By PNG Echo
In a press statement issued earlier this week, Belden Namah, leader of a rapidly diminishing parliamentary opposition, vehemently denied that the defection of his MPs had anything to do with defective leadership and everything to do with the lure of money. (A considerable irony, given his admission of using K50 million in the 2012 elections to buy votes and loyalty – yes Mr. O’Neill, I’m with you: where did that come from?)
Back in June of 2012 I wrote
It’s a sad spectacle to see Namah on the campaign trail, trying to buy admiration. Showing off his expensive toys – an aircraft here, a landcruiser there, everywhere bundles of cash – never realising that people are more interested in his money than in Belden Namah. He is attempting to buy with money something he never will be able to – admiration is not for sale.
Yesterday, the Prime Minister begged to differ with the denial saying that the defecting MPs had ‘lost confidence” in Namah’s leadership:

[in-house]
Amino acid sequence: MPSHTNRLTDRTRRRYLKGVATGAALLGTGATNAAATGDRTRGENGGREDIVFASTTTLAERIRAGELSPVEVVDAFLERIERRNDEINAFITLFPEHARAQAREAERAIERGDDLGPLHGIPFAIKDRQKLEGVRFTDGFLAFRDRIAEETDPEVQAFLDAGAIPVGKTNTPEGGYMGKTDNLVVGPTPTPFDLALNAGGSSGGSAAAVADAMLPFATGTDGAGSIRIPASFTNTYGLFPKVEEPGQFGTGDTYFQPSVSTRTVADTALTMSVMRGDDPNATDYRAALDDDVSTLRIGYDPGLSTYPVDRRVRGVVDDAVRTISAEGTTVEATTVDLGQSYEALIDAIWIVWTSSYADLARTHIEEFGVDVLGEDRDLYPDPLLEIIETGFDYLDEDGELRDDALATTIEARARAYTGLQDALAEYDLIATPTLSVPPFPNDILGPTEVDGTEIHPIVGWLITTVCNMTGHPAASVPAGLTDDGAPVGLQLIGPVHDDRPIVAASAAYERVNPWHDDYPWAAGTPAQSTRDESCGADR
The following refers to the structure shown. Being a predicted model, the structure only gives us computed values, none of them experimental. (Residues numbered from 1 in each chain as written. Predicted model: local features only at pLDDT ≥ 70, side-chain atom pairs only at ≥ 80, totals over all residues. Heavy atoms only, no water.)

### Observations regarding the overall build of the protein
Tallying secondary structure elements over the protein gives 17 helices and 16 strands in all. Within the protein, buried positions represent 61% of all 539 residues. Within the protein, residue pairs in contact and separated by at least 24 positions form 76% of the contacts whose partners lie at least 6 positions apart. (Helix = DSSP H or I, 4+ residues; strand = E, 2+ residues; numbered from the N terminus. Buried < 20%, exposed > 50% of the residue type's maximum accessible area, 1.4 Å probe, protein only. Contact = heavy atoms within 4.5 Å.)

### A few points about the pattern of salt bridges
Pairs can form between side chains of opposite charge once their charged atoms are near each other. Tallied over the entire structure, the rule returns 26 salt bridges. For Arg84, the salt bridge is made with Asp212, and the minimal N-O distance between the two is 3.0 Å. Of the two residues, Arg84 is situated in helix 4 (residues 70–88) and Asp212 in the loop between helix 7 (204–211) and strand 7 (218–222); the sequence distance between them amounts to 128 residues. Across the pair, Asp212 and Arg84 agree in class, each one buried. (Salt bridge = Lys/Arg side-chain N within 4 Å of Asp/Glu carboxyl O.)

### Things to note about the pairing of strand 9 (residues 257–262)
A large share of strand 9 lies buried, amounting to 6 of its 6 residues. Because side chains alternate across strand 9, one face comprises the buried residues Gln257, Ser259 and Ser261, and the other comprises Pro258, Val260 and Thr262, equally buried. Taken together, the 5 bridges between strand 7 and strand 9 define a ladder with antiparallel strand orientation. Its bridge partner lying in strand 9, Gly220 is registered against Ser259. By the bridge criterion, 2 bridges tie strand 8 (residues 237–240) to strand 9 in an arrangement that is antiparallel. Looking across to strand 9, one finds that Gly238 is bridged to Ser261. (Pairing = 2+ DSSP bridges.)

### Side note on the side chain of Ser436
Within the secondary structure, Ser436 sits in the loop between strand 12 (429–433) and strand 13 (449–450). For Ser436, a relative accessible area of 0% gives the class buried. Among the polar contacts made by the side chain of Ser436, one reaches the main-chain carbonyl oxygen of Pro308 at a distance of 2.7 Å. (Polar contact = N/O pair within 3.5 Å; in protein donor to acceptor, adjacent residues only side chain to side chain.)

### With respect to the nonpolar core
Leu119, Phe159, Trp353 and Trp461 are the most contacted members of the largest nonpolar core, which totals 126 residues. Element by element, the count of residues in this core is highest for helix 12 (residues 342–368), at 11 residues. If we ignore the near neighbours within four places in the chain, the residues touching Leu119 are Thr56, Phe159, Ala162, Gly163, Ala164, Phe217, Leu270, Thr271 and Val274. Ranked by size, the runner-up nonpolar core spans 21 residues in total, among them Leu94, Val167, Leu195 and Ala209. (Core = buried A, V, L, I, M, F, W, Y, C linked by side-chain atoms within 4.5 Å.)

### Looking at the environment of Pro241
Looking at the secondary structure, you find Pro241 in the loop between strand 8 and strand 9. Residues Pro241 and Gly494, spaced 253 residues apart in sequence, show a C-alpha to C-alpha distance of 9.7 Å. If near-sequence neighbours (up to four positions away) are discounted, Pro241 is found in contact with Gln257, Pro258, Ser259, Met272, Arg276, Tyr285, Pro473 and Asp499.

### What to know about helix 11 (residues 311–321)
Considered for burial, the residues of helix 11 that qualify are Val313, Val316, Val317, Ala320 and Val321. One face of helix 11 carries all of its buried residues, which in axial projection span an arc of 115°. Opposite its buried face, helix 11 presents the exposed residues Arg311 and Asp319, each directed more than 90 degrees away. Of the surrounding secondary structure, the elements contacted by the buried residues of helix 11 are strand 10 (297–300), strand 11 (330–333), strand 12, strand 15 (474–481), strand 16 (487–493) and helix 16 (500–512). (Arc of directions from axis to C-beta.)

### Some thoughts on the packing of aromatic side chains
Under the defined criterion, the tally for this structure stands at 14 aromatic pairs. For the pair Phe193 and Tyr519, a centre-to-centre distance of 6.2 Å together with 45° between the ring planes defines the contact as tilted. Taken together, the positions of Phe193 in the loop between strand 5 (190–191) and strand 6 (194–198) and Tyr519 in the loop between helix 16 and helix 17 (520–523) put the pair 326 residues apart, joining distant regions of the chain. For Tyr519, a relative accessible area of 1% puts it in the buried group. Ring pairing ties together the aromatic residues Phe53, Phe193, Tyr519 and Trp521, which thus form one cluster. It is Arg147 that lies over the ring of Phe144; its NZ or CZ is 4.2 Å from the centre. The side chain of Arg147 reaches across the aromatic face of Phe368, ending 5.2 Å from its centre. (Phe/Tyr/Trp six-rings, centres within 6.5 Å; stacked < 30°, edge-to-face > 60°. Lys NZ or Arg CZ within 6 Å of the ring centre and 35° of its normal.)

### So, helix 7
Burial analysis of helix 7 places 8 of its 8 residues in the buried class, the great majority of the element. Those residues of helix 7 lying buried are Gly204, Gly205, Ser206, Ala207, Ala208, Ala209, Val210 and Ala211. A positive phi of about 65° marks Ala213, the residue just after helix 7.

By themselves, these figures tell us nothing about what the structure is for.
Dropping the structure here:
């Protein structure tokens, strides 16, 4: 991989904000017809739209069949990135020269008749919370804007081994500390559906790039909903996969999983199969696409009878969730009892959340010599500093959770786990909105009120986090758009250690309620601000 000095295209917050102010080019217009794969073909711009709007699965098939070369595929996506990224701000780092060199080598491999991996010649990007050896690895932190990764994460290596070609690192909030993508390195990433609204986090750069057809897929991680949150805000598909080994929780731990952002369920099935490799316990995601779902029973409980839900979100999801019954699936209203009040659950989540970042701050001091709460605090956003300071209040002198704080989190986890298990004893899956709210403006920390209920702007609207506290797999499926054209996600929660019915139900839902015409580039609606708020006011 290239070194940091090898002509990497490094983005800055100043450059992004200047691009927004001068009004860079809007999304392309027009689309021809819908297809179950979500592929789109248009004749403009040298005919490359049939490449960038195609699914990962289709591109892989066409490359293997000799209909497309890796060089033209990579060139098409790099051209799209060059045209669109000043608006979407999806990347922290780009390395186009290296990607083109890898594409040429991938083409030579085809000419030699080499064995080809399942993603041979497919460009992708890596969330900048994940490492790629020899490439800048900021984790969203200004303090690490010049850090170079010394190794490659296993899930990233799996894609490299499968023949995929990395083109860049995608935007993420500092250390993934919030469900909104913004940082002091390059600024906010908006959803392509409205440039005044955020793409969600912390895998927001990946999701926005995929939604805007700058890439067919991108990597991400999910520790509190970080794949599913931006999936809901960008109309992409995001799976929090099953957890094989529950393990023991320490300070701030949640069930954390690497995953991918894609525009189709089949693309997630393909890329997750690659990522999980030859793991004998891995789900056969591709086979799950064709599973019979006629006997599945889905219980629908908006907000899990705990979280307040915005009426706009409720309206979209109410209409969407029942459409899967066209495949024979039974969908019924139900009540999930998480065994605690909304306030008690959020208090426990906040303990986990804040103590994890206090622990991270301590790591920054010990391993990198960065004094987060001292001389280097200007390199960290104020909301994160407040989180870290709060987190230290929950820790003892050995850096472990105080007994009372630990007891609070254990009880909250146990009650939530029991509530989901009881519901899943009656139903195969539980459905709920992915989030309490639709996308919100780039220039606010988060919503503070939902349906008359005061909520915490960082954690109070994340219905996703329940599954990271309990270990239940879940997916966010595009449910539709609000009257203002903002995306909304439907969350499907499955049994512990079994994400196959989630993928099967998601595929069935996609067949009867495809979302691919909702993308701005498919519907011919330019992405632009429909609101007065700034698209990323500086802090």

His abrupt and aggressive style of leadership is unheard of in Melanesian communities and [in] Melanesian style of leadership,
the Prime Minister stated.
Indeed, in the same aforementioned article, more than two years ago, I asked the question:
…[W]hen will pride become more important than money [to the Melanesian ‘Bikman’]? How many more times will veteran politicians…such as the Highlander and former Deputy Prime Minister, Don Polye, put up with being publicly told to “F**king shut up?” How much longer will Peter O’Neill, want to entertain a deputy or coalition partner that openly and publicly challenges superior authority, not understanding ‘chain of command’ in spite of all his military training.